The public school year schedule in Korea is the opposite of the United States. The school year begins in March. The first semester runs its course, and they take a short summer break at the end of July and into August. This is akin to the winter break in the United States, though it’s a few weeks longer. The second semester begins in late August and finishes up in late December. The long winter break, a few weeks shorter than an American summer break, ends in March when the cycle starts again.
“But, Jeremy,” you say, “ if school ended in late December, this means you’ve been on break for almost a month now! And the peasants rejoice!”
Not so fast.
Almost every NSET (native-speaking English teacher) at a public school has to teach a winter English camp. I am no exception. In my case, my English camp ran for the first 3 weeks of January. The last day was this past Friday, the 21st.
So, what does a “winter English camp” consist of? To begin with, students sign-up for it voluntarily. I had 12 students sign up for my 1st grade English camp and 20 students sign up for my 2nd grade English camp. This means the class size was significantly lower than during the school year (30-35 students), which is a good thing. I also saw the students every day, as opposed to once every 2 weeks during the school year, which meant I actually got to know these students! The biggest difference, however, was that there was no co-teacher in the classroom with me. The main implication of this was that if the students didn’t understand me, I had to bust out my charade skills.
BUT – the best, most glorious, effulgent, sublime part of winter camp was I could teach anything I wanted! No textbook to follow. No cookie-cutter “key phrases” to follow. A chance for some major creativity in the classroom. The teacher in charge of organizing the camps knew something was up when I asked if I could have some construction paper, colored pencils, and white butcher paper for my camp. This is literally what she said to me: “This is a middle school. We don’t have those things here.” But, after some gentle haranguing, my wish was granted and they ordered the supplies for me.
My plan was to split each day into a theme, and all the activities each day could be centered around said theme. This process produced some of the most fun and creative moments I’ve had in the classroom in Korea, and most importantly, I got most of the students to let their guard down and start speaking in English. The biggest problem I see in my school is the students are all terrified of making a mistake, and I know that if you’re not prepared to be wrong and make mistakes, you won’t learn a thing. So, based on that fact alone, I consider my English camp a success.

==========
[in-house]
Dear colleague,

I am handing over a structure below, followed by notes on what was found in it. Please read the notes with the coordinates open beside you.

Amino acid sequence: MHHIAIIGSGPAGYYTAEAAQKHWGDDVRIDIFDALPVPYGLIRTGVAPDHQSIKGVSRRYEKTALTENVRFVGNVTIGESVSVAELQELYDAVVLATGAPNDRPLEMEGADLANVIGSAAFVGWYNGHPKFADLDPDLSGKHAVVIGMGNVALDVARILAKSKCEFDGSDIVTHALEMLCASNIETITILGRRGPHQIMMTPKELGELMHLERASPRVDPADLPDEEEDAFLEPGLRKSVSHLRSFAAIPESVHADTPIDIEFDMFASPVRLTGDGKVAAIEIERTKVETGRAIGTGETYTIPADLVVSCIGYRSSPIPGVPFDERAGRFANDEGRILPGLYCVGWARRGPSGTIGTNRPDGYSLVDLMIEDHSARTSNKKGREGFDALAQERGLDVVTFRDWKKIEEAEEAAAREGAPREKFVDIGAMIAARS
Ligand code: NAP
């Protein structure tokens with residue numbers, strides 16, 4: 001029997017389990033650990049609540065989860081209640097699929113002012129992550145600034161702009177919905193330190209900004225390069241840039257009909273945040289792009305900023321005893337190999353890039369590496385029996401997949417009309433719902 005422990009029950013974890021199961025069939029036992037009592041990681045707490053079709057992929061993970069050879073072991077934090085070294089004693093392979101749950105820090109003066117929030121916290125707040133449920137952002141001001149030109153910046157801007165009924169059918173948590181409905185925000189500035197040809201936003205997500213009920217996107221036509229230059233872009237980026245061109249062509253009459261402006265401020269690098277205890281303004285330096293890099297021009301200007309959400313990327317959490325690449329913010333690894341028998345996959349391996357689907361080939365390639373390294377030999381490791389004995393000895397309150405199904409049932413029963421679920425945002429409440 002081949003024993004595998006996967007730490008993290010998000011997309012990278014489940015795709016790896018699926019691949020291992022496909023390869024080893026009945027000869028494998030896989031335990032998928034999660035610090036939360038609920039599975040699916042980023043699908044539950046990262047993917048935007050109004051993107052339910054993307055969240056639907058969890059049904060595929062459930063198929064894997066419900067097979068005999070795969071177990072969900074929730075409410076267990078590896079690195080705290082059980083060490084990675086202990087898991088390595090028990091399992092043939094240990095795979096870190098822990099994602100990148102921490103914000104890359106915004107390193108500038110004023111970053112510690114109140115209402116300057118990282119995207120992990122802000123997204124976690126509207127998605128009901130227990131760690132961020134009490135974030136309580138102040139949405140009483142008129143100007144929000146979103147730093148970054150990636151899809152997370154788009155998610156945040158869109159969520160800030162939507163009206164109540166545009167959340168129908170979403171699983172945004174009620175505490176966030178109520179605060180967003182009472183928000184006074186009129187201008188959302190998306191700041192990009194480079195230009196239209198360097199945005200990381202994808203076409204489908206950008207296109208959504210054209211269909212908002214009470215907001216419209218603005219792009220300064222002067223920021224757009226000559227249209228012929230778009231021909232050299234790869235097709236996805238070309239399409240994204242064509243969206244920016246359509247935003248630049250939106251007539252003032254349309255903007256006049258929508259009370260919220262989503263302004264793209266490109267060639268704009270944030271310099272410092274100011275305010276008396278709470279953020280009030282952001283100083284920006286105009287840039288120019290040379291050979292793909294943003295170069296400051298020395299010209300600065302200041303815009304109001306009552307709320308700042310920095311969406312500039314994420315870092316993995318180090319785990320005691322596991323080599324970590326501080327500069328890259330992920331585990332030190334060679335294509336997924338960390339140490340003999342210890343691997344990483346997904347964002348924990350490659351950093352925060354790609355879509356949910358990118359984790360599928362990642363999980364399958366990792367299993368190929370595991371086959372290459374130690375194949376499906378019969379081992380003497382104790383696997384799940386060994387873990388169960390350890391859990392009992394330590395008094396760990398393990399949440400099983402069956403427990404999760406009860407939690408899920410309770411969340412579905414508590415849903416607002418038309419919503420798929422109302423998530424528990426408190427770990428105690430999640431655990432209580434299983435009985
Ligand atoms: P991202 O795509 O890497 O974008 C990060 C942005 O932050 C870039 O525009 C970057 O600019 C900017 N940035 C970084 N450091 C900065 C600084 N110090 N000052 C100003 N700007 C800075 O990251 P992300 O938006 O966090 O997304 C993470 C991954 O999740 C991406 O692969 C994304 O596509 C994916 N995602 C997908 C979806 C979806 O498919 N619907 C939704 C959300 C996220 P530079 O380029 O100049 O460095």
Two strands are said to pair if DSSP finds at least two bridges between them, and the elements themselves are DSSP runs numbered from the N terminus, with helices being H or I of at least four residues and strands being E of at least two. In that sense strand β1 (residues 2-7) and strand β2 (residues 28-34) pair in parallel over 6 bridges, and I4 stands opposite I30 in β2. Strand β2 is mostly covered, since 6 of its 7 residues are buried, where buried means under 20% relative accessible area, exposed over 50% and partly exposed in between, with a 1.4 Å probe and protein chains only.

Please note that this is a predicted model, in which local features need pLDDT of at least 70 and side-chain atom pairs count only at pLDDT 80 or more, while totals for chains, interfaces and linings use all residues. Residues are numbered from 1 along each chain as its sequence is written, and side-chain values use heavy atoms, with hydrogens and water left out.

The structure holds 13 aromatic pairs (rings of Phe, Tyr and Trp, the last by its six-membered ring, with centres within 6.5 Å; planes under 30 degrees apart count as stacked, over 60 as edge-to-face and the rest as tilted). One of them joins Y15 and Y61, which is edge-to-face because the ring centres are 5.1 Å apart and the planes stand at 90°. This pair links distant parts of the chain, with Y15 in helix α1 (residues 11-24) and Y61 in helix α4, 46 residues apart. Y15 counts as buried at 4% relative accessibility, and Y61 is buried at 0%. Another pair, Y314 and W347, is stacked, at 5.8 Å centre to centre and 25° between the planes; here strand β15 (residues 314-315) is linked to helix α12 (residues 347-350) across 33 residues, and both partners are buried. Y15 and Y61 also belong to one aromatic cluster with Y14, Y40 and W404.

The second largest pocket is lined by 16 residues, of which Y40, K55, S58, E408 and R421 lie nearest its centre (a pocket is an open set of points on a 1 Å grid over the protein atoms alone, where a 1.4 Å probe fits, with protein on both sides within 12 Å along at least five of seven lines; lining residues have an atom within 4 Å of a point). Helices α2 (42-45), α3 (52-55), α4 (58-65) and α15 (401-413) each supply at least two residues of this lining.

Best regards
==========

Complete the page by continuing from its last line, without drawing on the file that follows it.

But, just for the heck of it, here are some of the activities I did.
On the first day of camp, I had all the students pick an English name so I didn’t have to call them, “Hey you with the face.” They enjoyed this, and when they had all picked a name, we made acrostic poems with them. For each letter of their name, they had to choose a word that describes them or something that is important to them.
On the movie themed day, I had them all pick an actor or actress and draw them on a piece of paper. On the back, they had to list some movies the actor has been in and describe them in a few short sentences. Then, I taught the students some descriptive vocabulary, and we played a giant game of “Guess Who” with our “Wall of Fame.” I went last and frustrated them by picking a kid in the class. After 5 minutes of not guessing who it was, I told them what I did. There’s the box. Think outside of it.
Can you name all of the actors/actresses above? Before you get too frustrated, you should know about half of them are Korean actors. Also, can you pick out the two that I drew and name them?
On the family themed day, we all created a family tree after learning how to describe our families in English. I then hung up all the family trees around the room and gave them a speed quiz using questions about their families. I would ask a question (Ex. ‘How many cousins does Billy have?’ or ‘Who is Mary’s step-daughter?’) and they would have to run around the room and find the answers. It might seem easy, but it was tough for them. They did very well, though.
On the poem themed day, we created a few different types of poems and I taught a lesson on rhyming. The students’ favorite poem was the riddle haiku. I taught them what a haiku is (a 3 line poem with 17 syllables, the 1st has 5, the 2nd has 7, the 3rd has 5) and we created ‘riddle’ haikus. Can you figure out these student written riddles:
Big and has red eyes.
Eats carrots and cucumbers.
Has big and long ears.
Twin brothers of steel,
Come apart, come together.
Cut one into two.
It is very big.
It is green and red inside.
A heavy oval.
I live in water.
I grow up and go to land.
I look very cute.
These were a good way for the students to play with the language, like adding a syllable by changing “it’s” to “it is.”
Let’s not forget the food themed day. They all created menus with a dish from each of 6 different countries. They had to write a short description of the food, too. Then, we had a fun time role playing the parts of customers, waiters, and hosts at “Restaurant De Jeremy.”
We did more fun stuff, and I wish I could talk about it all, but this is getting long and I am getting tired. Winter camp was a great change of pace and really allowed me to teach the way I want to, unrestricted by curriculum requirements, co-teachers, and tests.
Now, though, winter camp if OVAH! The new school year doesn’t start until March, and I am officially on vacation. I have plenty of plans to get out and see the city and to do some traveling. More on those adventures in the weeks to come.